If there is going to be any manipulation of the vote, surely it cannot be attributed to that company. It was along those lines that I thought they should be given a chance.
BM: You have been engaging Zec over your demands for electoral reforms. Has there been any movement in that regard?
MT: We still believe that it’s very important to articulate that certain reforms are fundamental for free and fair elections. We recently had a conference in Nyanga where Zec asked us to give our input. We have made our input and made our own observations. One of the critical observations is that Zec must act independently.
It must not only act, but must be seen to be acting independently. We also told them that the encroachment of the executive into the election management issues is unacceptable.
Yes, we will continue to push for reforms that affect the outcome of the elections. We will continue to push for them.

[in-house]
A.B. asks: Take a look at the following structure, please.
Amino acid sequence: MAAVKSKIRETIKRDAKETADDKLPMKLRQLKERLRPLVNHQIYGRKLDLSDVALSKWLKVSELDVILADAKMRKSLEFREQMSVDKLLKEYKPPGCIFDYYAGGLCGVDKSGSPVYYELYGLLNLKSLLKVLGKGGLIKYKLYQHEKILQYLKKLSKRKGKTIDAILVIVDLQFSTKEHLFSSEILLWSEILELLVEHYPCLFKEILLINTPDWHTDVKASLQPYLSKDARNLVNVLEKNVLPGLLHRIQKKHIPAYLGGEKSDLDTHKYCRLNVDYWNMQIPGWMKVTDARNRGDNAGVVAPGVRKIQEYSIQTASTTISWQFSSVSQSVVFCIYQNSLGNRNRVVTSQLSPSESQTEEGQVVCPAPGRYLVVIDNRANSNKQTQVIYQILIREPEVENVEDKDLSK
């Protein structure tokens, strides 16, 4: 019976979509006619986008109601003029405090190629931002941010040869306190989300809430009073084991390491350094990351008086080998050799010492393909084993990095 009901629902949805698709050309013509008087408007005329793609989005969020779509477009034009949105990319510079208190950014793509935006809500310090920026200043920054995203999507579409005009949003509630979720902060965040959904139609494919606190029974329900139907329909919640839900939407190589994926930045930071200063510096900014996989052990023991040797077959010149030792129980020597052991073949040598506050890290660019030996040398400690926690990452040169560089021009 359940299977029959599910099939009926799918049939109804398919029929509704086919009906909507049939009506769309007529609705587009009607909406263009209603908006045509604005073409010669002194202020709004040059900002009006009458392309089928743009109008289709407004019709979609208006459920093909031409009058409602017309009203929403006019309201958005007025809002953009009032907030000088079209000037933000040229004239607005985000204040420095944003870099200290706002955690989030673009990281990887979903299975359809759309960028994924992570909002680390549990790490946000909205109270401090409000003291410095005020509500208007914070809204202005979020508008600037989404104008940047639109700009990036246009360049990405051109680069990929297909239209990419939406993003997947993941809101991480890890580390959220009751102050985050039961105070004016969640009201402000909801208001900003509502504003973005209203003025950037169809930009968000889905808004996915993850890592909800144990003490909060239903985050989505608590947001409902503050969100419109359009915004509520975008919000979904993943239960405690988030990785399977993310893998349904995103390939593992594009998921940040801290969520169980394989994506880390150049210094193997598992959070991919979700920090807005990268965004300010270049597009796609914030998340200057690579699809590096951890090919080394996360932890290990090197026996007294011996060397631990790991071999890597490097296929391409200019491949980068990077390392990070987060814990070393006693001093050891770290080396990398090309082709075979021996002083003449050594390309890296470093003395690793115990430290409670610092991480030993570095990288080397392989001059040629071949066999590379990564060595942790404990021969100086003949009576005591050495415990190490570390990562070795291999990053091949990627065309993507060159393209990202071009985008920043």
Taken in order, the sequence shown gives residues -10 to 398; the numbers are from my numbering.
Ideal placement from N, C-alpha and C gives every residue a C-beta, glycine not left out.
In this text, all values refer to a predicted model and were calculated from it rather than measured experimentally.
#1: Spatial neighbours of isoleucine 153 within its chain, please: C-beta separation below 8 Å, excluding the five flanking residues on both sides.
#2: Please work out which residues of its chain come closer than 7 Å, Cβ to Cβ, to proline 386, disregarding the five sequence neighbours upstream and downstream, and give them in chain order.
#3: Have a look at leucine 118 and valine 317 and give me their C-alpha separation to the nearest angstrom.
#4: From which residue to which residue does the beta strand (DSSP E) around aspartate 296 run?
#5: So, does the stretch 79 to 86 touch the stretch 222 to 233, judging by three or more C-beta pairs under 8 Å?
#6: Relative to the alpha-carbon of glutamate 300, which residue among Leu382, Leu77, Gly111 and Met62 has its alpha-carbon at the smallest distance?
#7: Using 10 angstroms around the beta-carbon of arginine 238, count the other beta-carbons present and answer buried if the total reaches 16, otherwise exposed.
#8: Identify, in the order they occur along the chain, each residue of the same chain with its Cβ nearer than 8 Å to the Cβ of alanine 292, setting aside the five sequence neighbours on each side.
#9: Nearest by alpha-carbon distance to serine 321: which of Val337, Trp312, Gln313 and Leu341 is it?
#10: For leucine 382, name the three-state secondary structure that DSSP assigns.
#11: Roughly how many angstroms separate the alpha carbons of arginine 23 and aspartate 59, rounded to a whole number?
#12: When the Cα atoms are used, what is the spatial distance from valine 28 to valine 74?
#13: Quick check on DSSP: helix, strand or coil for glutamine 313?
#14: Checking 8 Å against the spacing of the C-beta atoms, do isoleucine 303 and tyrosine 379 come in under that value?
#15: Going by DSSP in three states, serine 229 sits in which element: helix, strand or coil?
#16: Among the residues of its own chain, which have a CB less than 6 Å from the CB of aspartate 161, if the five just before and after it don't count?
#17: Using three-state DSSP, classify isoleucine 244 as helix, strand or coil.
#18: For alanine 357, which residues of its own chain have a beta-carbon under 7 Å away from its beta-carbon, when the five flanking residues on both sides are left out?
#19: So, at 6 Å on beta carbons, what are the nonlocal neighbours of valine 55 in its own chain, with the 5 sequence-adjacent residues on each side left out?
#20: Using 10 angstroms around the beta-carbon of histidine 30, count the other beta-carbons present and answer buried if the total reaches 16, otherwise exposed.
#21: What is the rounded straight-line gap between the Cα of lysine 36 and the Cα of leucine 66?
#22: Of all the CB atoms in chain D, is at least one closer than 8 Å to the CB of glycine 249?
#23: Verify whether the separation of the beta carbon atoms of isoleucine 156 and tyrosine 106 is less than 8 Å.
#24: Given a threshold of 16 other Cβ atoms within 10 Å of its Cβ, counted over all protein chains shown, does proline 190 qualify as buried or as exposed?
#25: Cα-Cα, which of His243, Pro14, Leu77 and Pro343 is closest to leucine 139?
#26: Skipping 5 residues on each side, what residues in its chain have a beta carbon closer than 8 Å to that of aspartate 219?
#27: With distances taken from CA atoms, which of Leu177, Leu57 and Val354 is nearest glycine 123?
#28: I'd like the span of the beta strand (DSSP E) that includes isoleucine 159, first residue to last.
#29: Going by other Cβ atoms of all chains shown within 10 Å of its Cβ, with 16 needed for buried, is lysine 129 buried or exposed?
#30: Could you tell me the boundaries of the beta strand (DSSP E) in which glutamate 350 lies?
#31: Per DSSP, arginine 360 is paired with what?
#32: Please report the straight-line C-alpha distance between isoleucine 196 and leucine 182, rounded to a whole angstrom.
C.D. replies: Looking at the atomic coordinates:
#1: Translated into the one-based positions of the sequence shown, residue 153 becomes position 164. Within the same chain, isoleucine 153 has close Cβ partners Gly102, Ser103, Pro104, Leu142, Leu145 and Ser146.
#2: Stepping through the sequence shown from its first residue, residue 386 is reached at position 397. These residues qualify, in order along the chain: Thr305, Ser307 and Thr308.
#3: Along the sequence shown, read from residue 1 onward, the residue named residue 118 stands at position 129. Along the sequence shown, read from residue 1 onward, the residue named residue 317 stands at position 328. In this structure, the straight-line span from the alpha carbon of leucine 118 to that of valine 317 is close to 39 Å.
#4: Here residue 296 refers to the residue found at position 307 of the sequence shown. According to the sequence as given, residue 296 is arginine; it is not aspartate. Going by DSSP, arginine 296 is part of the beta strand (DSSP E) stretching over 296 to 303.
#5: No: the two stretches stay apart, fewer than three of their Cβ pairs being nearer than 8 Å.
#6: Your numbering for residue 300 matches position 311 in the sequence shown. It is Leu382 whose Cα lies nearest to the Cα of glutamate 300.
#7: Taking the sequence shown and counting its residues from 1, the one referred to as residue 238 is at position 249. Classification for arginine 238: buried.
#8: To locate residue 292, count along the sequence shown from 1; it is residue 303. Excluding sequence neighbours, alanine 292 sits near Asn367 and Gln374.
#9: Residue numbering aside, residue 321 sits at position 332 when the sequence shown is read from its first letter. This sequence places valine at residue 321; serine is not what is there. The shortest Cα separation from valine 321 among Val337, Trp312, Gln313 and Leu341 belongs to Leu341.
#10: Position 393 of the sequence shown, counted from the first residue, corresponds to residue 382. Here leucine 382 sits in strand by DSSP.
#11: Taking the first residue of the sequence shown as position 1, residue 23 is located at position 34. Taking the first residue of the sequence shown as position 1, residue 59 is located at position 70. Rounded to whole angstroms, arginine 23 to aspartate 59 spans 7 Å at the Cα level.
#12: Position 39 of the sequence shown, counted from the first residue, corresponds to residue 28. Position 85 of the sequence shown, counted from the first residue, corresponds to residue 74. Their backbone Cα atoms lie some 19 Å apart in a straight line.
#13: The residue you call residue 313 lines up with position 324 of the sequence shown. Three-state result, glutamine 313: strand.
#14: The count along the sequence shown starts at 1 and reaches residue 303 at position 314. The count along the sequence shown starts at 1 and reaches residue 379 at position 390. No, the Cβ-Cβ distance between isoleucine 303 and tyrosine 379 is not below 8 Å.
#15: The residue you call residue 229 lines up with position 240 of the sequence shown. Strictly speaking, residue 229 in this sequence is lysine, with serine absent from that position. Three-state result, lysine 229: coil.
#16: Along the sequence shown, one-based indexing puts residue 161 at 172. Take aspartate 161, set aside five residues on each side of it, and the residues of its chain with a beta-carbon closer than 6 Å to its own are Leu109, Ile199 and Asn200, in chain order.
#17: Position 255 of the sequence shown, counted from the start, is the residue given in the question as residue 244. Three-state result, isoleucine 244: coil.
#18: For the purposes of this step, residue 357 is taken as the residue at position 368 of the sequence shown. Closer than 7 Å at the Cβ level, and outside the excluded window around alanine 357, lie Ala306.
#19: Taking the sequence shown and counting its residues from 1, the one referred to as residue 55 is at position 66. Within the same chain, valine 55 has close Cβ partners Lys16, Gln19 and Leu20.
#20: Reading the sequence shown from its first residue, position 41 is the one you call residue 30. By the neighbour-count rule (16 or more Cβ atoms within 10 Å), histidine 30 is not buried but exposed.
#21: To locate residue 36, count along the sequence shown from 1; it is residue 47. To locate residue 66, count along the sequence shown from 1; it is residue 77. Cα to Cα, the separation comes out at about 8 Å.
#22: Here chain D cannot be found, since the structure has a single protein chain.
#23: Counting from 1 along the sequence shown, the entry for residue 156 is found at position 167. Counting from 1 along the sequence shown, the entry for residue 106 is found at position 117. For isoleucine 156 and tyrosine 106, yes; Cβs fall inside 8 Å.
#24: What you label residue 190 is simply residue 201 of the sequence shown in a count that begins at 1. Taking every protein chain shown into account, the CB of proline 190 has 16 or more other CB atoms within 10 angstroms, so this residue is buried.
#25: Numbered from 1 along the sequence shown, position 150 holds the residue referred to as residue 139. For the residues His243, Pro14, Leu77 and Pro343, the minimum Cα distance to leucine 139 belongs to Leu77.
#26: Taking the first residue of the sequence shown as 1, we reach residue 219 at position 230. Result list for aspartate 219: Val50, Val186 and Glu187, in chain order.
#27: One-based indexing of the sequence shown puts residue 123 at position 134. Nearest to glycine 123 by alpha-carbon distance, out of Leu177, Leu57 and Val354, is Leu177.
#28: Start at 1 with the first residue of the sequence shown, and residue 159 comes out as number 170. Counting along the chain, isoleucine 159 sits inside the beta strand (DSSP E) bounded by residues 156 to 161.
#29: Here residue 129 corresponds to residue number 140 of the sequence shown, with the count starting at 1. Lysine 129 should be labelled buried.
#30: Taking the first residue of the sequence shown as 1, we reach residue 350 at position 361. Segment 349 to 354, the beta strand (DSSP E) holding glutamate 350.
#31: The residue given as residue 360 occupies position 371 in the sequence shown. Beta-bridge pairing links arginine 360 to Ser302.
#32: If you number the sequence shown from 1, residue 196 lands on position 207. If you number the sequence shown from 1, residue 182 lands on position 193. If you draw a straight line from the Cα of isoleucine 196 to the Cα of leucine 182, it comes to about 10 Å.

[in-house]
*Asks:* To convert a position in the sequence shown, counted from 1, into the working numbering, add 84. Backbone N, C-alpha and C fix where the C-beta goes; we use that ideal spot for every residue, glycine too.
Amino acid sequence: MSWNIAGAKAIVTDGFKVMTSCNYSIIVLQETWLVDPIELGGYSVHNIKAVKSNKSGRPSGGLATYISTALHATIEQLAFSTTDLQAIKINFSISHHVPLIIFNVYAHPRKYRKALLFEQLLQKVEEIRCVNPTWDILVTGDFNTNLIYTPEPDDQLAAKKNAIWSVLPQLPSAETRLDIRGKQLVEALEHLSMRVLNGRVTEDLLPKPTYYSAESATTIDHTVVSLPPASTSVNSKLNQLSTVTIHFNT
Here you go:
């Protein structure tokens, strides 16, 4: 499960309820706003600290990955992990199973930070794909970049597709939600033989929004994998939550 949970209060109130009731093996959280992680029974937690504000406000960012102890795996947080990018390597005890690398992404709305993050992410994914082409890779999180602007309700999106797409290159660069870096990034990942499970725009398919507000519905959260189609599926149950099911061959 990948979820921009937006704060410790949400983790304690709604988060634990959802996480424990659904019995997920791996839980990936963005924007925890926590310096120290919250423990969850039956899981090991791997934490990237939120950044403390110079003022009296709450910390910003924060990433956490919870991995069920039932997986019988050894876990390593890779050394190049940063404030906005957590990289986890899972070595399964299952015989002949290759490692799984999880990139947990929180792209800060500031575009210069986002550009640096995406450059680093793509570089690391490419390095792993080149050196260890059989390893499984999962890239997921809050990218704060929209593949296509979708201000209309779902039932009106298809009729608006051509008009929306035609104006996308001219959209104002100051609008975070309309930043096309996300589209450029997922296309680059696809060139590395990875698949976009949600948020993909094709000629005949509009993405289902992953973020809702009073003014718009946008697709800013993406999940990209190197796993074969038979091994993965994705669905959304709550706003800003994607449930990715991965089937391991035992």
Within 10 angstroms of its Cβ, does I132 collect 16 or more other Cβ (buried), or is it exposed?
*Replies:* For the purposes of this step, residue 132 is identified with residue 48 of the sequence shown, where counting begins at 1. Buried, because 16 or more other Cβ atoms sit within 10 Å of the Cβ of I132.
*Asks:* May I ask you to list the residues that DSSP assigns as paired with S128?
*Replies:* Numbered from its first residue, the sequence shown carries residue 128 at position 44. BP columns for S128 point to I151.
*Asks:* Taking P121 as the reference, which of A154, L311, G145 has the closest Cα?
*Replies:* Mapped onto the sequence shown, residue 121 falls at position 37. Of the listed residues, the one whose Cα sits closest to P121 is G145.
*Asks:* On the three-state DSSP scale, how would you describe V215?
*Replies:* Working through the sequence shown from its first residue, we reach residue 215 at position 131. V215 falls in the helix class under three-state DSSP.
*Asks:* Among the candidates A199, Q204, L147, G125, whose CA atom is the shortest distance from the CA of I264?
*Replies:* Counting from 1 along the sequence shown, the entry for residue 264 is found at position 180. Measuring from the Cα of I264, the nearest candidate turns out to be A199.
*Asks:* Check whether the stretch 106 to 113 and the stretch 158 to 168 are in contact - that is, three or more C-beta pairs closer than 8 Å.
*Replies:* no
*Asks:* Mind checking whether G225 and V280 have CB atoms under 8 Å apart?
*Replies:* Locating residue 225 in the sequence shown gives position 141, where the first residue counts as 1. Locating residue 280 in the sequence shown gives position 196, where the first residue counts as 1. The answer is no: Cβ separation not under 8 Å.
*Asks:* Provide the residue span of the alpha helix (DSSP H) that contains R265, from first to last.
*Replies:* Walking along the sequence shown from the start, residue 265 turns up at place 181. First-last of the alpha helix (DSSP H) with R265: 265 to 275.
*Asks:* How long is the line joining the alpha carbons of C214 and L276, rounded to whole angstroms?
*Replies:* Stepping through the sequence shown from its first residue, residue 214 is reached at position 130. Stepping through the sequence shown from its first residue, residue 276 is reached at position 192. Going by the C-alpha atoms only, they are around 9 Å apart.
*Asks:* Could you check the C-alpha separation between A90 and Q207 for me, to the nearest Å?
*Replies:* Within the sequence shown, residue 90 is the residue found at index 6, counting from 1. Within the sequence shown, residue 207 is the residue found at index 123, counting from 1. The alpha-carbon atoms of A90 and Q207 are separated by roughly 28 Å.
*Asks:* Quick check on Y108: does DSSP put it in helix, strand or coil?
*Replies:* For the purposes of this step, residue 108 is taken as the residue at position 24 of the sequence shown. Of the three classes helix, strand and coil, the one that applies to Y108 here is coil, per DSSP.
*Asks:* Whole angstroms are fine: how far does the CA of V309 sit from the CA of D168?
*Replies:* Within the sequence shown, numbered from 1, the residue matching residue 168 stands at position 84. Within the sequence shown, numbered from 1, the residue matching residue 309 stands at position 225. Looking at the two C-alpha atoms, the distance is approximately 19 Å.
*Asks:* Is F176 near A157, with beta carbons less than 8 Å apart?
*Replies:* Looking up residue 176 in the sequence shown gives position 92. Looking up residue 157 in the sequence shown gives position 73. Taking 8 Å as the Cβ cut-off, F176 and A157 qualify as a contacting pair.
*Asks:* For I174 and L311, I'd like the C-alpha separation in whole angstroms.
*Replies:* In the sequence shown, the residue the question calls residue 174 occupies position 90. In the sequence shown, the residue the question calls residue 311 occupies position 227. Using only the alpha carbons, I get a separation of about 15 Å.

BM: What would be MDC-T’s campaign message come 2013?
MT: Wait until we have crafted the message, but obviously it is around democratic change, it is around giving a direction, it is about changing the governance culture; so you wait until the catch phrase has been made.
BM: What can we expect from an MDC government?
MT: The MDC has a plan. You know in Gweru I tried to articulate the plan but people ignored the plan. They want to know about who is fighting who. Let me just take you through, in our view there are five critical areas of focus for the MDC.
l Is to change the governance culture of the last four decades; this governance culture of corruption, nepotism, elitism the sycophants of the personality cults, the lack of distinction between the party and government. We cannot continue in that direction. That has to be transformed.